Trust your furry, feathered and even eight-legged friends to give you some handy hints about rainy weather on the way. Here are some tell tale signs to look out for from the animal kingdom: You’ve heard of the quiet before the storm? Forest animals and birds, go quiet before heavy rain or a storm, but insects and amphibians get louder! Cows tend to lie down before the rain starts. Birds and bats fly lower to the ground. Spiders close their webs when rain is on the way. Animals that come out IN the rain: Slugs, snails, frogs, toads, newts and worms. Animals that come out AFTER the rain: Grass snakes, flies and swallows – and birds start to sing.
Have fun making your own weather station at home If you’ve enjoyed exploring the weather here, why not make your own met office at home, with these easy to follow experiments. Enjoy! Make fog What you need: • glass jar • strainer • water • ice cubes How to do it: • Fill up the jar completely with warm water for about a minute • Pour out most of the water, leaving about one inch in the jar • Put the strainer over the top of the jar • Place a few (3-4) ice cubes in the strainer • Watch what happens! Explanation: The cold air from the ice cubes collides with the warm, moist air in the jar causing the water to condense and form fog. See a raindrop What you need: • shoebox lid • ruler • flour • bowl • fine mesh sieve How to do it: • Fill the shoebox lid with flour • Use the ruler to smooth out the top, so that it’s level • When it rains, hold the shoebox lid out in the rain until about 15-25 raindrops have fallen into the flour • Bring the lid inside to see what you’ve found • Set the sieve over the bowl. Carefully pour the flour from the lid into the bowl. Shake the sieve gently. The little lumps left behind are preserved raindrops • Carefully tip them out onto a table and measure them!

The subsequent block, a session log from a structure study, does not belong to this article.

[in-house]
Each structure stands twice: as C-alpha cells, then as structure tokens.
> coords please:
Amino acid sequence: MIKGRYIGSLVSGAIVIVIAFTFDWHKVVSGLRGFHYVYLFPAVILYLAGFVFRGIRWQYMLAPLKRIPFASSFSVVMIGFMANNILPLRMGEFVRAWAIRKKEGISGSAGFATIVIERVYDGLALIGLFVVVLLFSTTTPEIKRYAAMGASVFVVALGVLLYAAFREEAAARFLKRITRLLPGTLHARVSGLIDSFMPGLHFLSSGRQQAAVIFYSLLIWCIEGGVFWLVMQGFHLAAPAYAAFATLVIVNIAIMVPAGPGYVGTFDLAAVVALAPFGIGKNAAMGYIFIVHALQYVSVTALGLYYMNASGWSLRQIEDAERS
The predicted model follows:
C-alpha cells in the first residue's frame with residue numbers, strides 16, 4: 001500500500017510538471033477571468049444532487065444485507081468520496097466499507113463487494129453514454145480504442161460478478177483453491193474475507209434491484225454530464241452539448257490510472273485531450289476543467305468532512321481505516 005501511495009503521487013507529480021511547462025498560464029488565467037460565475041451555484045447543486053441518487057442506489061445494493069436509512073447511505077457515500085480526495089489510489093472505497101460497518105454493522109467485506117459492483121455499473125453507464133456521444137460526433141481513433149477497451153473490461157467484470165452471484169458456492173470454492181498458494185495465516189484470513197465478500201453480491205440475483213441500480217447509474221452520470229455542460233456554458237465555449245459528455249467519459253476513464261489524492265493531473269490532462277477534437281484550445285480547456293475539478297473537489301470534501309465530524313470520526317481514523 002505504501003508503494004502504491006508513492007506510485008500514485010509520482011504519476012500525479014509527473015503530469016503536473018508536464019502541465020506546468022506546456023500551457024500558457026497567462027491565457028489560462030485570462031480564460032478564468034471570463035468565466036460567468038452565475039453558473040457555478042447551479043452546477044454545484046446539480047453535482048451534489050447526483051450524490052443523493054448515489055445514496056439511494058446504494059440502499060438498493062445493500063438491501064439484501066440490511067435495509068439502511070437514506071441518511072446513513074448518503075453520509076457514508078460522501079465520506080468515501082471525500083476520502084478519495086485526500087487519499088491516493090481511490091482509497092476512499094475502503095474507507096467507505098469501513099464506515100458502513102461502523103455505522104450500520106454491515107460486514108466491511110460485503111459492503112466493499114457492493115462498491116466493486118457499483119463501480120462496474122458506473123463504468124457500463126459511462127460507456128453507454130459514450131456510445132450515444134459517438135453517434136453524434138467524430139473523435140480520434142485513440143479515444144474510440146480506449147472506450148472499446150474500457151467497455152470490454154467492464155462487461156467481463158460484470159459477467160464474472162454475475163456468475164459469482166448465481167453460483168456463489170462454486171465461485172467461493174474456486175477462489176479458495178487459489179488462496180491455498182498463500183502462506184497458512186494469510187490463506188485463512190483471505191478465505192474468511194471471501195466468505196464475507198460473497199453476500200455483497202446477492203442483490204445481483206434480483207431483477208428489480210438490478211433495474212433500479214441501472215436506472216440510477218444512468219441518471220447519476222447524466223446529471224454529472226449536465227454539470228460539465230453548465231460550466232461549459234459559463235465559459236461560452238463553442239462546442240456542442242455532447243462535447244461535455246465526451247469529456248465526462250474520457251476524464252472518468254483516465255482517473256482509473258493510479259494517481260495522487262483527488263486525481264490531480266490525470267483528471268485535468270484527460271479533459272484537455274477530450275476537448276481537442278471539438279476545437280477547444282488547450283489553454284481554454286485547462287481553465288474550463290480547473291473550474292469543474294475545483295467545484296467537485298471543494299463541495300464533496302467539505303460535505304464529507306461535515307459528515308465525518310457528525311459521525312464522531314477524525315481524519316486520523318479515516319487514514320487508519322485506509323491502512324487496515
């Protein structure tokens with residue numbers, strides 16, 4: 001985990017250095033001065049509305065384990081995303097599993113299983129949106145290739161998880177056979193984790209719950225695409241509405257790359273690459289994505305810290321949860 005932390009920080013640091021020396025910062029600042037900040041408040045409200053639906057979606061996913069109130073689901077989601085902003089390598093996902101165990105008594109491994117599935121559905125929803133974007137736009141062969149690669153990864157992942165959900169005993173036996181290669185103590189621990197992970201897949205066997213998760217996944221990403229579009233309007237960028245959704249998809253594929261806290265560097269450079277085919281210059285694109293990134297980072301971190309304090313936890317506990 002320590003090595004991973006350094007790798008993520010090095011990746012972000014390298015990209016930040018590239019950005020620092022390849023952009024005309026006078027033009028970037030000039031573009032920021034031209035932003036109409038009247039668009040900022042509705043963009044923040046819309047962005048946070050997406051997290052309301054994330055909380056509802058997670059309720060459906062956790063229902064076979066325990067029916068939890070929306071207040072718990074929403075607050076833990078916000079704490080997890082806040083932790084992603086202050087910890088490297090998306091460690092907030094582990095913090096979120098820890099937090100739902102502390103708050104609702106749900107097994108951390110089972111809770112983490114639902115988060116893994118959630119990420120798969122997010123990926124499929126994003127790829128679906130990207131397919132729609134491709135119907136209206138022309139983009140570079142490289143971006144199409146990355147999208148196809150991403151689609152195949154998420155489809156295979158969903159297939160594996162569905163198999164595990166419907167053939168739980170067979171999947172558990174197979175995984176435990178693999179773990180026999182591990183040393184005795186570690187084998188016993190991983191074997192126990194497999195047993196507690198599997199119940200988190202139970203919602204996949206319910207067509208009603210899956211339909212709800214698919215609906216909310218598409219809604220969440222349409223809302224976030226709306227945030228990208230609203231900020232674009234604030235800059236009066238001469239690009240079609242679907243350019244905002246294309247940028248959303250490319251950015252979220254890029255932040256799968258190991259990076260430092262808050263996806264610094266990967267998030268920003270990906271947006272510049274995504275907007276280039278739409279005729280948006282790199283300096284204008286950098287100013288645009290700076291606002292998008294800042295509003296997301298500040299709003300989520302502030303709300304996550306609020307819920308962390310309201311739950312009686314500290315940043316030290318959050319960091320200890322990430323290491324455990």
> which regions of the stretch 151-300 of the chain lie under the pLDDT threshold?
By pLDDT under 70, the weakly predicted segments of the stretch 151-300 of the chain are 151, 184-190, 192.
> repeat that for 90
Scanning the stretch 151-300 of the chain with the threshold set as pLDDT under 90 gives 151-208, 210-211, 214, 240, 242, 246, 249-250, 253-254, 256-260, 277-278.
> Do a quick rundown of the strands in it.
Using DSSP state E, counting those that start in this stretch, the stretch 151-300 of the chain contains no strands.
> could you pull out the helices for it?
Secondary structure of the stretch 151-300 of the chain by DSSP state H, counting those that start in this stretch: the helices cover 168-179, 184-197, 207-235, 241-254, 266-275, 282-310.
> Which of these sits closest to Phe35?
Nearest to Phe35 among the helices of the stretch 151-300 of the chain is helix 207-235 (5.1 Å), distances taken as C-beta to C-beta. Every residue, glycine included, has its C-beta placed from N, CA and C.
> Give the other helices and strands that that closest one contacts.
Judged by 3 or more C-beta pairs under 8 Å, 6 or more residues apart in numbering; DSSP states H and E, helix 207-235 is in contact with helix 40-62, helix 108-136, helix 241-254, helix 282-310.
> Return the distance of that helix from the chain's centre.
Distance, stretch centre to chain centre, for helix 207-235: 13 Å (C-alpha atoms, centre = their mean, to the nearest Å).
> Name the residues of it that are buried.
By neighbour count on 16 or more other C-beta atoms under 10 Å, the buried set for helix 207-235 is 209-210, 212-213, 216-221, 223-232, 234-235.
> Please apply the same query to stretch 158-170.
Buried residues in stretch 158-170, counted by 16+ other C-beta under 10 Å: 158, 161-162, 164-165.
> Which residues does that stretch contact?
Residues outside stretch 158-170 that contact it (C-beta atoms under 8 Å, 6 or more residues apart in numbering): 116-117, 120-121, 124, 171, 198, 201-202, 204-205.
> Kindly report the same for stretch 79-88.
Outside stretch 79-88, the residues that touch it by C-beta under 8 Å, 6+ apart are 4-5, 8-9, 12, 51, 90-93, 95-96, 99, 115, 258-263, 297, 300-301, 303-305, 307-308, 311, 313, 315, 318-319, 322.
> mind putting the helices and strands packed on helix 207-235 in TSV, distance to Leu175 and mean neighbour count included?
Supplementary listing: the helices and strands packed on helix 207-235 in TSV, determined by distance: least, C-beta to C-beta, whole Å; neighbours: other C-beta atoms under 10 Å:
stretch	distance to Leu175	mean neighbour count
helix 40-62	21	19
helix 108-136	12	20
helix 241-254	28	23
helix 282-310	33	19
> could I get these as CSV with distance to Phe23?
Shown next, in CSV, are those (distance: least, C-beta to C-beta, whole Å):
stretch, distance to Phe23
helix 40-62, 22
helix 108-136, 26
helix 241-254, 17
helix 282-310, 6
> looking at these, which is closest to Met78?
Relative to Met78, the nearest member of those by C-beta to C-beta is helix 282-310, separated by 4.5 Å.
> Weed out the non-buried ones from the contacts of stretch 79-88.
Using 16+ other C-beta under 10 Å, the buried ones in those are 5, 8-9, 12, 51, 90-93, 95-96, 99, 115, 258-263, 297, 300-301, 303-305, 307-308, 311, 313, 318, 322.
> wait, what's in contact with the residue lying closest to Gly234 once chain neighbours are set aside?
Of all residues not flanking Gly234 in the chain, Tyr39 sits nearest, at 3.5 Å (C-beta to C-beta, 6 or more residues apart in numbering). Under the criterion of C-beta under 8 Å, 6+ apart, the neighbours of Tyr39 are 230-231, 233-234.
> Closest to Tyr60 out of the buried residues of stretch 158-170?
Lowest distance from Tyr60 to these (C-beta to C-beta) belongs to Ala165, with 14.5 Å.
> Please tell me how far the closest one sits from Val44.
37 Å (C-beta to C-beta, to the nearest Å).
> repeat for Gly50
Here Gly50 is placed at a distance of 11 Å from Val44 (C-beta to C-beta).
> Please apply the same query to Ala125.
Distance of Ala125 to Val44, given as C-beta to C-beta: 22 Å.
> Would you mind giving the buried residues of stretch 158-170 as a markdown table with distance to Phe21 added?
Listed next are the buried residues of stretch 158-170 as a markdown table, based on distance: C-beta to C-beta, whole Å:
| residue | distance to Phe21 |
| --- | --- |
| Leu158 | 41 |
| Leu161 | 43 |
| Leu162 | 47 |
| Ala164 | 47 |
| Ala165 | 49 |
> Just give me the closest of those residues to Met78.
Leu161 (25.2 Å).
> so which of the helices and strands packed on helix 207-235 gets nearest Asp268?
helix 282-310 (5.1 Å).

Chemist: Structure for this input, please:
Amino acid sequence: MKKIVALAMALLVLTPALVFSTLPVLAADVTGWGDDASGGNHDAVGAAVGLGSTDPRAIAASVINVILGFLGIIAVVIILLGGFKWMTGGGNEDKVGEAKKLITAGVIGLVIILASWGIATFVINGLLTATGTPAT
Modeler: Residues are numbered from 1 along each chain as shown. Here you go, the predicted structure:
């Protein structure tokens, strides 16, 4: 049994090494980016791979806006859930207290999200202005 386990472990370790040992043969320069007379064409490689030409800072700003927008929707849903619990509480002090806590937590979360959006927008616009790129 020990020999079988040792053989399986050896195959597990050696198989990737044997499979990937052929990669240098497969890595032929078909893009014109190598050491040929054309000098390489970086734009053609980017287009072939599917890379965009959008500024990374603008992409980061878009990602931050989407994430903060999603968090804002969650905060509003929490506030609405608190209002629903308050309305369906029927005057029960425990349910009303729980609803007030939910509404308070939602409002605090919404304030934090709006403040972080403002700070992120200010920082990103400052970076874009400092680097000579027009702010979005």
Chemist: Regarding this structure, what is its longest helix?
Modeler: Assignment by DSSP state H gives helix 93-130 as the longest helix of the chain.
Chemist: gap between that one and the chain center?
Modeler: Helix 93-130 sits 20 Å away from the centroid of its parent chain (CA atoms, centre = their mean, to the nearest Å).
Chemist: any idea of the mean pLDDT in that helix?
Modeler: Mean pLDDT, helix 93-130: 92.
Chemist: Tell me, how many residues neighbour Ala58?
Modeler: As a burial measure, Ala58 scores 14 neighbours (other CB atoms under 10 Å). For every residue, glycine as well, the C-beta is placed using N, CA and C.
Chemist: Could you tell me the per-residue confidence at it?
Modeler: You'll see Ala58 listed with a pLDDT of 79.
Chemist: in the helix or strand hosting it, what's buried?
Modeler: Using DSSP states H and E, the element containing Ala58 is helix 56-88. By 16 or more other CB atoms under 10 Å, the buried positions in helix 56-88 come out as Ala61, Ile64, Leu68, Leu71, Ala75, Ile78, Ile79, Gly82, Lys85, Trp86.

Make your own barometer What you need: • small coffee can • cling film • scissors • drinking straw • index card • rubber band • sellotape How to do it: • Tightly cover the top of the coffee can with cling film, using a rubber band to hold it in place. The cover should make the can airtight. • Place the straw horizontally or sideways on the cling film so that two-thirds of the straw is on the can. Tape it to the middle of the film so it won’t fall off. • Tape an index card to the can behind the straw. The straw will act as a pointer on the card. • Carefully record the location of the straw on the index card with a pencil. You can draw measures on the index card to make observing the changes easier. • After 15 minutes, record the new location of the straw on the index card. Continue checking and recording the straw location as often as you want. Explanation: High pressure will make the cling film cave in and the straw go up. Low pressure will make the plastic puff up and the straw go down. If possible, check your measurements with a real barometer. Fascinating facts Raindrops range from 1/100 inch (0.0254 centimetre) to 1/4 inch (0.635 centimetre) in diameter. Without wind driving them, raindrops fall between 7 and 18 miles per hour (3 and 8 metres per second) in still air. The speed depends on the the size of the raindrop. Air friction breaks up raindrops when they exceed 18 miles per hour. A cloud is a large collection of very tiny droplets of water or ice crystals. The droplets are so small and light that they can float in the air. The tiny droplets of water that make up fog are so small that it would take seven thousand million of them to make a single tablespoonful of water. www.nationaltrust.org.uk National Trust is an independent charity looking after special places for ever for everyone Registered charity no. 205846